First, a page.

The results were borne of ignorance rather than inability. One of my favourite Chinese books is Mrs Chiang's Szechwan Cookbook, last printed more than thirty years ago but still brilliant today. The woman was a culinary genius on a domestic scale. I was looking for something else the other day when I happened again upon her list of one dish meals, a tempting list that I had once resolved to work through from top to bottom, an ambition not yet achieved. Fried noodles was one of the 'yet to makes' and, with noodles and some pork in the freezer and a sweetheart cabbage in the fridge I decided its time was now. It took quite some time to prepare everything but it was a fascinating lesson in how to construct every element so that each ingredient was considered so that they all stood out and worked together.


Fried Noodles

You could use many other combinations of ingredients, consider this to be the building blocks and the key to understanding how they go together.

Makes 2 generous bowls of noodles with a little over for one lunch next day

1/4 cup dried tree ears
6 dried mushroom
2 cups boiling water
100g raw prawns
1/2 tspn salt
500g fresh noodles
1 small cabbage - sweetheart or Chinese
150g pork steak
3 spring onions
2 tbspns soy sauce
1 tbspn sesame oil
2cm knob of fresh ginger thick as your big toe
1 tbspn rice wine or sherry
1 tbspn corn flour
9 tbspns peanut oil
1 tbspn salt

Put the tree ears and dried mushrooms into a bowl and cover them with boiling water. Set aside to soak for 20-30 minutes.

Peel the prawns, devein them (cut the thin black intestine out that runs down the back) and, if large, cut them into 2cm pieces. Add 1/2 teaspoon of salt, mix thoroughly and set aside.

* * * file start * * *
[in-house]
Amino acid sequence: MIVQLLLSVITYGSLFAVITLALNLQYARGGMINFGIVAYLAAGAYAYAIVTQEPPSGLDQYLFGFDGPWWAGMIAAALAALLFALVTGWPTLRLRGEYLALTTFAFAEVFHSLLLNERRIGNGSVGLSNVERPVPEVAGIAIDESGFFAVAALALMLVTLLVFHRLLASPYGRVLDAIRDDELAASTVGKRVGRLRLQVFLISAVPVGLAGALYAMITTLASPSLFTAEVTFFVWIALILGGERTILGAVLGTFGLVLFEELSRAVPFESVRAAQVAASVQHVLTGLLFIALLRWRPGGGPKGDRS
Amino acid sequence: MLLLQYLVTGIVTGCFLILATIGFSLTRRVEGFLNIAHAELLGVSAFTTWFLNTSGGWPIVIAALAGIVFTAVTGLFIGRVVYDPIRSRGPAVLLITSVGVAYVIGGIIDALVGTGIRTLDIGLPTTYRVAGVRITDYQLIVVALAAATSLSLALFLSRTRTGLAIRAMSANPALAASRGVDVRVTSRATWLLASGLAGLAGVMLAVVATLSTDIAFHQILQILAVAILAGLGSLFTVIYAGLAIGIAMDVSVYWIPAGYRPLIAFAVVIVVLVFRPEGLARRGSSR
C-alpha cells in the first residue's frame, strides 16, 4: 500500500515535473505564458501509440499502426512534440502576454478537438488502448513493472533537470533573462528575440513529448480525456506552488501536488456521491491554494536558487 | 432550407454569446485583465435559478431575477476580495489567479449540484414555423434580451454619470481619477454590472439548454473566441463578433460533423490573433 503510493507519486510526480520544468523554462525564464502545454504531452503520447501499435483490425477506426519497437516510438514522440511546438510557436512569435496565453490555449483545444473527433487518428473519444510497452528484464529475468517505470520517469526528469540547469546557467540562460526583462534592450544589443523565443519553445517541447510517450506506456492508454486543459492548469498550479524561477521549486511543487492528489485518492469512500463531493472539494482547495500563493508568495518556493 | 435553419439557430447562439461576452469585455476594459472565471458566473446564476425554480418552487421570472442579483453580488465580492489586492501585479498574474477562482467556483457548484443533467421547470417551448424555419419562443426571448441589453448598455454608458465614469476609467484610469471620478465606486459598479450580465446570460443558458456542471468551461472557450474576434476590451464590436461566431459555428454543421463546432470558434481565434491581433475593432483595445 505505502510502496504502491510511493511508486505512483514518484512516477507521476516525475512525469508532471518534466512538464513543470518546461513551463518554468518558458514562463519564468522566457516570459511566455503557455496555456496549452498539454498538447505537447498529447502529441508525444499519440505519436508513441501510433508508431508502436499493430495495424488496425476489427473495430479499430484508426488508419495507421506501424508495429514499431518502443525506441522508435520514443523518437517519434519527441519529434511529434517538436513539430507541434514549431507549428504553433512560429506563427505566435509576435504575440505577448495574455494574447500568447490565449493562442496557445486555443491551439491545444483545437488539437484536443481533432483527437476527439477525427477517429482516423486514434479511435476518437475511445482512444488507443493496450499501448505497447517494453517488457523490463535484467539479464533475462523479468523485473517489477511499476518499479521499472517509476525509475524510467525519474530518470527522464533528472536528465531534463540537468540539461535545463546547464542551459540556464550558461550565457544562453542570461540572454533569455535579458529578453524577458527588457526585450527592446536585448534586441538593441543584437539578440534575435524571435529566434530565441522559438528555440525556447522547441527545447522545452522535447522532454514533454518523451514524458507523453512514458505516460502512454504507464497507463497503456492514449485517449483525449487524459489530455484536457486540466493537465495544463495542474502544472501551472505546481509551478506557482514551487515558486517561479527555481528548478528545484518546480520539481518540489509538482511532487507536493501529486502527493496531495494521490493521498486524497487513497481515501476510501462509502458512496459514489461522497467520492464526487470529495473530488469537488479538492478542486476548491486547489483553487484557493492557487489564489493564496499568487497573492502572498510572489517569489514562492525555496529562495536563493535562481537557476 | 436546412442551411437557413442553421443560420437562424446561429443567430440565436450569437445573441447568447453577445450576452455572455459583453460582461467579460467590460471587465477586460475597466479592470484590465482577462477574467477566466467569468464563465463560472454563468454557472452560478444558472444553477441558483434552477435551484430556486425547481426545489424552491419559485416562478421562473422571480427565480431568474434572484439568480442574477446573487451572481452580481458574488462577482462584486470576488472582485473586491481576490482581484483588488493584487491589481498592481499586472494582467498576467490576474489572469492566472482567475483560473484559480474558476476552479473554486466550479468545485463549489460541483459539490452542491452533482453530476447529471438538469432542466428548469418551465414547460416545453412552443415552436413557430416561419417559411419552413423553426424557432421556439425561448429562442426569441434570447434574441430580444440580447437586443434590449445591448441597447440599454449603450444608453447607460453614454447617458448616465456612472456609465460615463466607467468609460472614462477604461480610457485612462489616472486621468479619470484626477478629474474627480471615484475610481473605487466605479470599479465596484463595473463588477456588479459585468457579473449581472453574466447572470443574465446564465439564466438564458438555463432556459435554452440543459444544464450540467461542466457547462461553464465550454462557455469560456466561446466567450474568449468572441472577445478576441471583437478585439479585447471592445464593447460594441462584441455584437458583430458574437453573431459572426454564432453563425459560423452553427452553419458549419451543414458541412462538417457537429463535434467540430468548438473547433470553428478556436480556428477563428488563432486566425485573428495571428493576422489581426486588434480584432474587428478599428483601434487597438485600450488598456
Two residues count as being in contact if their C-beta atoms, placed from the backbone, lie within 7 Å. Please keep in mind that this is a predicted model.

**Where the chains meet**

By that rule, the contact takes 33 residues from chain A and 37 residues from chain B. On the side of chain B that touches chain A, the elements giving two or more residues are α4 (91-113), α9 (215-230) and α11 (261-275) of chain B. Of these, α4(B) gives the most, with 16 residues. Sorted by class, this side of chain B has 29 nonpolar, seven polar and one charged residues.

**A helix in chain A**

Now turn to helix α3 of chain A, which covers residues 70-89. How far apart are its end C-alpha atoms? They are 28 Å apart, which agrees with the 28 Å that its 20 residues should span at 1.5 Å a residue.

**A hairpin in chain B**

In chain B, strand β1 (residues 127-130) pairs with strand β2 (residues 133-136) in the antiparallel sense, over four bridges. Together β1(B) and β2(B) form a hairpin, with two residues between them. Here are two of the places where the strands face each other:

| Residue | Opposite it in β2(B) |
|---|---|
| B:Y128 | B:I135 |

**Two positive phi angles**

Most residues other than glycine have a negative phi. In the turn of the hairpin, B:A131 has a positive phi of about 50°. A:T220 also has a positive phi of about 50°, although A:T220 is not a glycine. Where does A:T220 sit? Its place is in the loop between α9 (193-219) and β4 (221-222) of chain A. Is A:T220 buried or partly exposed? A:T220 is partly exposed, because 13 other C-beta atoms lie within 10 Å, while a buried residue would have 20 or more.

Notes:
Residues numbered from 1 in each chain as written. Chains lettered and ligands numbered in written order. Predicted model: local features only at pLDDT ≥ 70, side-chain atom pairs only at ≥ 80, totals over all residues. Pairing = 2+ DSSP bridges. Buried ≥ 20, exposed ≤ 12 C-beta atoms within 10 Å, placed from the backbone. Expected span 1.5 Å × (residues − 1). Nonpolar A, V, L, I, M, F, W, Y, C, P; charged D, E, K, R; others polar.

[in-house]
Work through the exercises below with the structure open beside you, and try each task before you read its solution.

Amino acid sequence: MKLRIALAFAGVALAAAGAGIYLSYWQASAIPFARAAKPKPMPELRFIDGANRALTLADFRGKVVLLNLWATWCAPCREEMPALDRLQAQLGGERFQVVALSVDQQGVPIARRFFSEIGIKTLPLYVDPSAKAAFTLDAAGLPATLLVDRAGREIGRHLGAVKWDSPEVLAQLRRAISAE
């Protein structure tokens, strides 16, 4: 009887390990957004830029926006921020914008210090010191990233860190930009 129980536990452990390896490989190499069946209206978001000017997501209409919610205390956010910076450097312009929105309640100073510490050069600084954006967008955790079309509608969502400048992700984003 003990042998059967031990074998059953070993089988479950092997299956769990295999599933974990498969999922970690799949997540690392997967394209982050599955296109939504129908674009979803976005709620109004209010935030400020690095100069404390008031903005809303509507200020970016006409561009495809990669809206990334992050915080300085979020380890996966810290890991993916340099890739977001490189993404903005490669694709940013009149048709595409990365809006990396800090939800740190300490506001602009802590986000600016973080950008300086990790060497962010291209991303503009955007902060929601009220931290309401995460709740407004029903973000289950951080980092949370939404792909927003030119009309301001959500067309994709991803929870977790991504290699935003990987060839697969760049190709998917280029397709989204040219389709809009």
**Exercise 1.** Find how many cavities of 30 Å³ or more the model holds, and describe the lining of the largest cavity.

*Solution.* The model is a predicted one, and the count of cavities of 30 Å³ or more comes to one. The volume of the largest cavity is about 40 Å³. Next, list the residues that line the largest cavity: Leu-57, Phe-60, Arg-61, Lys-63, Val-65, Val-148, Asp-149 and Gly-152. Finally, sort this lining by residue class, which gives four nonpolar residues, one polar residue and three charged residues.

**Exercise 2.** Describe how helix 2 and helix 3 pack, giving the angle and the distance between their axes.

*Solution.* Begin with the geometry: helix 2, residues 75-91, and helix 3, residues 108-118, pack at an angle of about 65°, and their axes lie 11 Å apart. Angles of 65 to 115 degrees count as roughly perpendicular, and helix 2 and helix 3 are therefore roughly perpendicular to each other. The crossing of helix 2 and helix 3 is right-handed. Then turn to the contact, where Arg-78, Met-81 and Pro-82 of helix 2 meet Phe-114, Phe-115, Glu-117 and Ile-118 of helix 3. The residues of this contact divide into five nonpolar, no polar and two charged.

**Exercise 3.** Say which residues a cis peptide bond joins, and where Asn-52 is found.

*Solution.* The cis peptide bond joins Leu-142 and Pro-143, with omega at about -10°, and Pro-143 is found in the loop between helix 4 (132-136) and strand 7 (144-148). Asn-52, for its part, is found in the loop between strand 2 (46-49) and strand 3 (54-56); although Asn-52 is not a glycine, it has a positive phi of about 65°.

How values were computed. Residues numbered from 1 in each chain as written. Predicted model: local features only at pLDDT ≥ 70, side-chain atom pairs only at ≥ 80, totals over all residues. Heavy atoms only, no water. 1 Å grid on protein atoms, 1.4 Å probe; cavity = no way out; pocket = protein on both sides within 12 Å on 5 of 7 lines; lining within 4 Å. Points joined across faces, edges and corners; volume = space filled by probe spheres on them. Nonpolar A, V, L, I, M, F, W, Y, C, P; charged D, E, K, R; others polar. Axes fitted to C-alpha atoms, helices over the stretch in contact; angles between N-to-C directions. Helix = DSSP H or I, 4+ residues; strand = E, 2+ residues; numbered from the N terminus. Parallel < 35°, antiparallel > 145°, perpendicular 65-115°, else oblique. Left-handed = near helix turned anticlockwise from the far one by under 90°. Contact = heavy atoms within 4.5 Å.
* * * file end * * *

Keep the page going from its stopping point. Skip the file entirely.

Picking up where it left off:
Pull off the tough outer leaves of the cabbage and discard. Wash the other leaves then shred crosswise into pieces roughly 2cm wide; you should end up with about 3 cups.

Cut the pork into thin shreds about 5cm long and 1/2 cm wide and put into a bowl.

Clean the spring onions, then cut both green and white parts into 5cm lengths, then slice them lengthwise into fine shreds. Add the spring onion shreds to the pork shreds along with the soy sauce and sesame oil. Mix well and set aside.

Peel the ginger, then slice it into shreds about 1/4cm wide, the width of a matchstick.

Drain the tree ears and mushrooms, then rinse them well under running water. While you are rinsing the tree ears pick them over carefully to remove any impurities, such as little pieces of wood tha may still be embedded in them. Remove the hard stems from the mushrooms and slice the heads into thin slivers 1/2 cm wide. Keep the mushrooms separate from the tree ears.